Sylvester’s Firefighter Cancer Initiative Expands to Jacksonville Area

For the past three years, the Firefighter Cancer Initiative at Sylvester Comprehensive Cancer Center at the University of Miami Miller School of Medicine has been conducting state-of-the-art cancer research, cancer screening activities and cancer education programs for Florida’s first responder workforce.

Over the Memorial Day weekend, as part of the initiative’s geographic expansion, clinician-scientists from the state-funded initiative met with firefighters and paramedics from multiple fire rescue departments in the greater Jacksonville area, and presented an overview of the research and cancer screening projects.

“Direct engagement with fire services throughout the State of Florida allows us to bring cutting-edge occupational cancer research and cancer prevention practices directly to the men and women who protect us,” said Alberto Caban-Martinez, D.O., Ph.D., M.P.H., assistant professor of public health sciences and deputy director of the Firefighter Cancer Initiative (FCI).

Joining Caban-Martinez was another FCI investigator, Natasha Schaefer Solle, Ph.D., research assistant professor of medicine. Solle is also the principal investigator of Sylvester’s Annual Cancer Survey, which collects critical data points that allow FCI scientists to track cancer and related risk factors among the firefighter cohort.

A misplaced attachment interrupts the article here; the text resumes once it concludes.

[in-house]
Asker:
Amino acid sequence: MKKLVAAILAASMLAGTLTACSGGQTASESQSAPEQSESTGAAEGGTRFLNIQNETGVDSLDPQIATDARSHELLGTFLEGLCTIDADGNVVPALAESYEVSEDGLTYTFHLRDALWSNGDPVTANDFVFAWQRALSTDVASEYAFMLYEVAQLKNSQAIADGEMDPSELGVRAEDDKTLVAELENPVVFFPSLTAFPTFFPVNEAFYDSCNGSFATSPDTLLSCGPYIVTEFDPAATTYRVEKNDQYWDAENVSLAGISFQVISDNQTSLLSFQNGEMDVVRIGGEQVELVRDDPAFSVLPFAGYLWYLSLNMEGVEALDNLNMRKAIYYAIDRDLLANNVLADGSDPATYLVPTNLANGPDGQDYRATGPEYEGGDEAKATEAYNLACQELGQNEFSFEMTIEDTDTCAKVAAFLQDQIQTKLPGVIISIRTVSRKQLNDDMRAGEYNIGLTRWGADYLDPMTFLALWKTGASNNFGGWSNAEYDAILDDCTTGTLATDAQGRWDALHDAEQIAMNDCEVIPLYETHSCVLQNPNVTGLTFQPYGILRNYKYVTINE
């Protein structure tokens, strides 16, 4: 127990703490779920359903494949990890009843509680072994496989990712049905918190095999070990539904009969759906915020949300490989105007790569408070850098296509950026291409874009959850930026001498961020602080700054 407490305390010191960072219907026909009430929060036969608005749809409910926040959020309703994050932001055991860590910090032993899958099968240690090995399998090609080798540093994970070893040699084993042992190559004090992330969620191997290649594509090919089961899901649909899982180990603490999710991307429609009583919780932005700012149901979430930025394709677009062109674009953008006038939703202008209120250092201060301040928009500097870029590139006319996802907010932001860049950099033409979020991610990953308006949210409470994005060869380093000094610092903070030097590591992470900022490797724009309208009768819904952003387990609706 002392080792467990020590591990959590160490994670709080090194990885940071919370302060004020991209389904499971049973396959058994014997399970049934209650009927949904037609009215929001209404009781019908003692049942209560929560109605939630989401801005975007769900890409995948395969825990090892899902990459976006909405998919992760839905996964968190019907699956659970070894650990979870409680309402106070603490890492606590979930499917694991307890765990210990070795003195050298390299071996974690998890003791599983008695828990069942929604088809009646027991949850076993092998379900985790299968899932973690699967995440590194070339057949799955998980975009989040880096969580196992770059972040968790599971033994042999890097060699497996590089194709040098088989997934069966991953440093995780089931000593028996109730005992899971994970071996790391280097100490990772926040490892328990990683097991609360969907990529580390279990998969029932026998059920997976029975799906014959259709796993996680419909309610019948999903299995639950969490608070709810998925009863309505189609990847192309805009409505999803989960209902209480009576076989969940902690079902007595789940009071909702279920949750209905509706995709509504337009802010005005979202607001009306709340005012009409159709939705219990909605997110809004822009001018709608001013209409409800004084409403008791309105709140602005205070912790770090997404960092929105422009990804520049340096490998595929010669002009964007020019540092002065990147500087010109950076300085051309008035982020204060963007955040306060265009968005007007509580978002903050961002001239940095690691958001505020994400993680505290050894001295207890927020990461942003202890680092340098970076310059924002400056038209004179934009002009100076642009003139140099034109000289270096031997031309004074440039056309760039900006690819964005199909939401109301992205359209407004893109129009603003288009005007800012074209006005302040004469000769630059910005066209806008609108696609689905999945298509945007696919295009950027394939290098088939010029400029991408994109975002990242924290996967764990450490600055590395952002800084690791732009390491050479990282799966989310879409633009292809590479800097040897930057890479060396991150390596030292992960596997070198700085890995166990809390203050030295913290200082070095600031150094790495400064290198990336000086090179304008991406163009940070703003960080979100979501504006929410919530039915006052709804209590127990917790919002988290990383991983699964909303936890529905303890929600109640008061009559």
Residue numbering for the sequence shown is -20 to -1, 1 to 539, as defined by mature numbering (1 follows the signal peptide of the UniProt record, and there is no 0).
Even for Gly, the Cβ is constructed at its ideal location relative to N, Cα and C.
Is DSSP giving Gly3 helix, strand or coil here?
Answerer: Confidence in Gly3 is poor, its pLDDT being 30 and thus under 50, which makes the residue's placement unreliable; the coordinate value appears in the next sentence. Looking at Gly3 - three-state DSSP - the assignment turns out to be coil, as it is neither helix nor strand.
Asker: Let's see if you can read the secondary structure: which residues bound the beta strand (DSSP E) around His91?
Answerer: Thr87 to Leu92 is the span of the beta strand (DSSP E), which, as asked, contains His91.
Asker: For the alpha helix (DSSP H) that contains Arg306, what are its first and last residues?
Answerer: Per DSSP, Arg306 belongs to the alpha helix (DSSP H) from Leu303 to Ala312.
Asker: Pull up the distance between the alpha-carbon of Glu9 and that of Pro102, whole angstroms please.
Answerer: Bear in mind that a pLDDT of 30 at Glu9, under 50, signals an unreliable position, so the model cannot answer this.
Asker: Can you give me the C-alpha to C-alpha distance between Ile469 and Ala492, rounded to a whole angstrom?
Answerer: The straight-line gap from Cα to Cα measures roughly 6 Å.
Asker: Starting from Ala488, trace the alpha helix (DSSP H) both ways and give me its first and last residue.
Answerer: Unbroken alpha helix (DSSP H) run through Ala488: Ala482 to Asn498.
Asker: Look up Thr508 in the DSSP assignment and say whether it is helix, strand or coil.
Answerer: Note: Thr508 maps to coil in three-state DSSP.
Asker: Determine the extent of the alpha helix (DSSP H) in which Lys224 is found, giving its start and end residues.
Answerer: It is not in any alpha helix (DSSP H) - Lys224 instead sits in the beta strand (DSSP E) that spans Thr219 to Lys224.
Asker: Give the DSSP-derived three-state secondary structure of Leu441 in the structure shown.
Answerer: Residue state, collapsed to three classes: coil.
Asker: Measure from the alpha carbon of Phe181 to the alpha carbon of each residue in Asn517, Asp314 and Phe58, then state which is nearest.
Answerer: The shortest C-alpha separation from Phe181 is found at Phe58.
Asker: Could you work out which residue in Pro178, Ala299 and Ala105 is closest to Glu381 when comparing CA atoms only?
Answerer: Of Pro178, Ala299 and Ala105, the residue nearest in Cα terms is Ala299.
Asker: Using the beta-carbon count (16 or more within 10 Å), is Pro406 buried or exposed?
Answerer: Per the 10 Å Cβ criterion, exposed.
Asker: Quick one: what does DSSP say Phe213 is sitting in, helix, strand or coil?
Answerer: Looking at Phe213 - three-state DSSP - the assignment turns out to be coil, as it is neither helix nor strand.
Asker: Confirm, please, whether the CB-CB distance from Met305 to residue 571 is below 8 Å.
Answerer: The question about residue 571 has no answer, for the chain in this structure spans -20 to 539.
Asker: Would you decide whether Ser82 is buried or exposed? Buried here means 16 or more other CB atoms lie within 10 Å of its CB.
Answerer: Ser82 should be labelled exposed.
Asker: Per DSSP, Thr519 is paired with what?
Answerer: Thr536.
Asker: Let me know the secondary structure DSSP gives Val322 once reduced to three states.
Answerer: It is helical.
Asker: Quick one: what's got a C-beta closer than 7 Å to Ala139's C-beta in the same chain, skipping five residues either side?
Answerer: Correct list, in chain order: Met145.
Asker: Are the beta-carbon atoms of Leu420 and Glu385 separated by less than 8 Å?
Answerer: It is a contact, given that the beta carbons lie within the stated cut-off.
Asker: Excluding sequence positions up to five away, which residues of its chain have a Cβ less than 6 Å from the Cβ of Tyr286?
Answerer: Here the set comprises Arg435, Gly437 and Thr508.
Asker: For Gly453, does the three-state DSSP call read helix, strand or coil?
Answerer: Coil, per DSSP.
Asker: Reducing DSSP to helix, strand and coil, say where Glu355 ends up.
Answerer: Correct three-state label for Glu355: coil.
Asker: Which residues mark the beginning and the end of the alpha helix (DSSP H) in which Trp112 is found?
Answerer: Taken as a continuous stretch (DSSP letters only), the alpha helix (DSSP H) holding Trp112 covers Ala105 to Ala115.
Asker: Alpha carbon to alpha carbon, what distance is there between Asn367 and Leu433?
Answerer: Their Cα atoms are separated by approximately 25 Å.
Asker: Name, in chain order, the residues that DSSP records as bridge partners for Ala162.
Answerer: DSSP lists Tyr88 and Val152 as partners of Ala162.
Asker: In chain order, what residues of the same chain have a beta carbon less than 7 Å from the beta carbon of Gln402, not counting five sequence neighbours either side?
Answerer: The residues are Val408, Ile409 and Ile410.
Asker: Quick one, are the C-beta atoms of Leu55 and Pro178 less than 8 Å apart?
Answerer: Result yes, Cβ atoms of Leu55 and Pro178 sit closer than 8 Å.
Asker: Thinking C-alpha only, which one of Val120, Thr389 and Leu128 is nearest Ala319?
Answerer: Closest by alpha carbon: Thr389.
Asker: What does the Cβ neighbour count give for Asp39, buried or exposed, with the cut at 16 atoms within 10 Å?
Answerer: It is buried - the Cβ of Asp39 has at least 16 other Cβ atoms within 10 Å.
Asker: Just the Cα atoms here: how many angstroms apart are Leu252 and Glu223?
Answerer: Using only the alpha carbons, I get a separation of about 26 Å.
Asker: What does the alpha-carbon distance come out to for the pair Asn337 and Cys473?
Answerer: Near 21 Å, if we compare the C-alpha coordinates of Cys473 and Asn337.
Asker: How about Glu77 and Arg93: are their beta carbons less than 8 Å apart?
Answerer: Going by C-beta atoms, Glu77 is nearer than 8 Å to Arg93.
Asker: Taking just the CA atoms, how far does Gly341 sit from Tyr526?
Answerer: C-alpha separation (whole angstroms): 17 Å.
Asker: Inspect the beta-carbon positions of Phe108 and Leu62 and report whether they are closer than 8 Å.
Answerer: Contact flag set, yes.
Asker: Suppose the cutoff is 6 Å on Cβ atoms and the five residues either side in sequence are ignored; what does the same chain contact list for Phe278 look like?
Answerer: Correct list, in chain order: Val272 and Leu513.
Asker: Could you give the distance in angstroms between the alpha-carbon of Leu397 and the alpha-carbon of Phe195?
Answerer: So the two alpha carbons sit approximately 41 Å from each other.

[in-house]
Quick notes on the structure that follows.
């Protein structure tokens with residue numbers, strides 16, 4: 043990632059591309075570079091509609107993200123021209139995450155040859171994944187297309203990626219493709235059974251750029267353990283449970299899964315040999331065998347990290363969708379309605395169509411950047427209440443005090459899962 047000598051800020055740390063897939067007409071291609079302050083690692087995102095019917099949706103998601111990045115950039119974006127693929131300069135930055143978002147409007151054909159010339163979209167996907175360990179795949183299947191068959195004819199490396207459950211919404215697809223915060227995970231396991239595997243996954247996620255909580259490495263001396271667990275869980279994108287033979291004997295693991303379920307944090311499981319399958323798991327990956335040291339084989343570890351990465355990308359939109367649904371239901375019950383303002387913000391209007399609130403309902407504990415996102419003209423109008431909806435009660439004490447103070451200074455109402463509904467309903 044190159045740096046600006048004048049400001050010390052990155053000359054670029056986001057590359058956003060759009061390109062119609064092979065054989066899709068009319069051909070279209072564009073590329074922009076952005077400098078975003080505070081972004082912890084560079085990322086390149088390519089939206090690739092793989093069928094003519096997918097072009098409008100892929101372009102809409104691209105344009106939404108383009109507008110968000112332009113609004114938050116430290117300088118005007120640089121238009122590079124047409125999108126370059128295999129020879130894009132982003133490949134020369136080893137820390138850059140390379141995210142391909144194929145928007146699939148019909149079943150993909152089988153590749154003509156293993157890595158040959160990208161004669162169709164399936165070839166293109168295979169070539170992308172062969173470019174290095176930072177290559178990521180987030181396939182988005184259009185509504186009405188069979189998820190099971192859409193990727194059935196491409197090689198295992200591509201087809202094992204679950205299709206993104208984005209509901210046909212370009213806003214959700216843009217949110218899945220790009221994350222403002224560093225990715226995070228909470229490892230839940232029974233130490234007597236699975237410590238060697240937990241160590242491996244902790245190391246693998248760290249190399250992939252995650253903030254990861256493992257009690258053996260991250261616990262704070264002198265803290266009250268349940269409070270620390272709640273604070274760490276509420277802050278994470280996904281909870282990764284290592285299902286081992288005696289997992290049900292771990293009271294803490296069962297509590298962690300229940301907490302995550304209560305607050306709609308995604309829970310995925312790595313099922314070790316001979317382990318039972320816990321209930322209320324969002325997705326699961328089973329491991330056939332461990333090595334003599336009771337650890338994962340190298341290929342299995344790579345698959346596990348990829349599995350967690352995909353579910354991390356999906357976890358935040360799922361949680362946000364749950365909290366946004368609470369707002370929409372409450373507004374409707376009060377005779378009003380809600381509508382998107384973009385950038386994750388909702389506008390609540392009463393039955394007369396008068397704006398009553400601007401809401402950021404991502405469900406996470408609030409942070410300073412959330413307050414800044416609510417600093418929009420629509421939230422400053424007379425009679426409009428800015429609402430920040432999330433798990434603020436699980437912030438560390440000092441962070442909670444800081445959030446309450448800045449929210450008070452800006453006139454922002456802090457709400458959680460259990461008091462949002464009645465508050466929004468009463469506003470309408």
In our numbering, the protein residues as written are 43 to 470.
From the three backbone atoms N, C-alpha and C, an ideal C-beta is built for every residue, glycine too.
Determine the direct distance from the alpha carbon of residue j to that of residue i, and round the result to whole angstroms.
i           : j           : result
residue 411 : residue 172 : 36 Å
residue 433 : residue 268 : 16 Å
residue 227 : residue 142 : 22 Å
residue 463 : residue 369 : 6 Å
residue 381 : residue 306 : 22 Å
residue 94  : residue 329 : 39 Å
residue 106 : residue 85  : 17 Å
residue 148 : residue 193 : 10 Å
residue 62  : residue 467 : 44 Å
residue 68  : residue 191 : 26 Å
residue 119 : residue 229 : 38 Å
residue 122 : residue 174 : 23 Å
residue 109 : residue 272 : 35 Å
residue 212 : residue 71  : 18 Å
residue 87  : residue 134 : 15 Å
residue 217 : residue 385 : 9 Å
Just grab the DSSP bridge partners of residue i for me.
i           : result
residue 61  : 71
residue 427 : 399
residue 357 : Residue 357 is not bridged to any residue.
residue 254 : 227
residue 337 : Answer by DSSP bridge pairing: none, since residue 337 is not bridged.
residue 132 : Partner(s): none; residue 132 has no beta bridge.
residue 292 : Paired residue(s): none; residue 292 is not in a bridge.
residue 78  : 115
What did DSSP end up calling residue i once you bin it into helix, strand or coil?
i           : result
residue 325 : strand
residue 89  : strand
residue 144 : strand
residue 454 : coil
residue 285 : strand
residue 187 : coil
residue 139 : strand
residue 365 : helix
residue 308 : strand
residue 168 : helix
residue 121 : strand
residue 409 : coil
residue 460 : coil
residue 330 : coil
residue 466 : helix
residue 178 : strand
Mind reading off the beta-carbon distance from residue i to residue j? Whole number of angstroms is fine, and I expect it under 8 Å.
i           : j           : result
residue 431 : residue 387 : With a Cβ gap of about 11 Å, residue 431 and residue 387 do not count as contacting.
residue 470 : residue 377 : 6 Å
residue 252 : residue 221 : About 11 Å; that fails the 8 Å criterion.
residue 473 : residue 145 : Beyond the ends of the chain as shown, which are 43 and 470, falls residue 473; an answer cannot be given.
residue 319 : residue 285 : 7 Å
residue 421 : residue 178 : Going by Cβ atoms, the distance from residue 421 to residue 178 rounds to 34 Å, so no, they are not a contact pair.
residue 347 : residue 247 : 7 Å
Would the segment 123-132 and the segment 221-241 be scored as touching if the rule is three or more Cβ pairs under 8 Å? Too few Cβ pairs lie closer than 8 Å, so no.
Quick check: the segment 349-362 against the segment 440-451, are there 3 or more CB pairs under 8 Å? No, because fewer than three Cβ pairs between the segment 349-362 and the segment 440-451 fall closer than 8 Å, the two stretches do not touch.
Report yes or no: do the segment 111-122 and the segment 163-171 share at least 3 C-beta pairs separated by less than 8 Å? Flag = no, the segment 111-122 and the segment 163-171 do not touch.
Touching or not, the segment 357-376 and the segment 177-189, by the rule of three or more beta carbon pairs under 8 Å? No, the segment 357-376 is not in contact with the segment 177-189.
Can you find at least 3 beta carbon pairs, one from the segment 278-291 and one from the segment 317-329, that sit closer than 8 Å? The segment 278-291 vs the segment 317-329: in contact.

As the pair toured fire stations around Jacksonville, they invited those firefighters present to join the Annual Cancer Survey.

“In our experience, the best way to foster participation in research studies is to actively recruit firefighters in their work place, allowing for the opportunity to address any questions or concerns they may have,” said Solle.

Recent findings from the Annual Cancer Survey have documented an increased incidence of skin melanoma among Florida firefighters, as well as a younger age of diagnosis, compared to the general Florida population. Such findings enable the FCI team to bridge cancer prevention practices with novel cancer research. The State of Florida has renewed funding for the FCI for a fourth year, beginning July 1, to not only expand the outreach cancer control and prevention activities among Florida firefighters, but also to include sub-groups, such as firefighter investigators, trainers, volunteers and wildland firefighters.

“The work that Sylvester is doing as part of the Firefighter Cancer Initiative is making a critical difference in keeping our first responders safe,” said Erin Kobetz, Ph.D., M.P.H., professor of medicine, associate director of Sylvester, and principal investigator and director of the FCI. “By examining individual and occupational determinants of cancer risk and exposure, we are identifying new levers for intervention that are amenable to action.”

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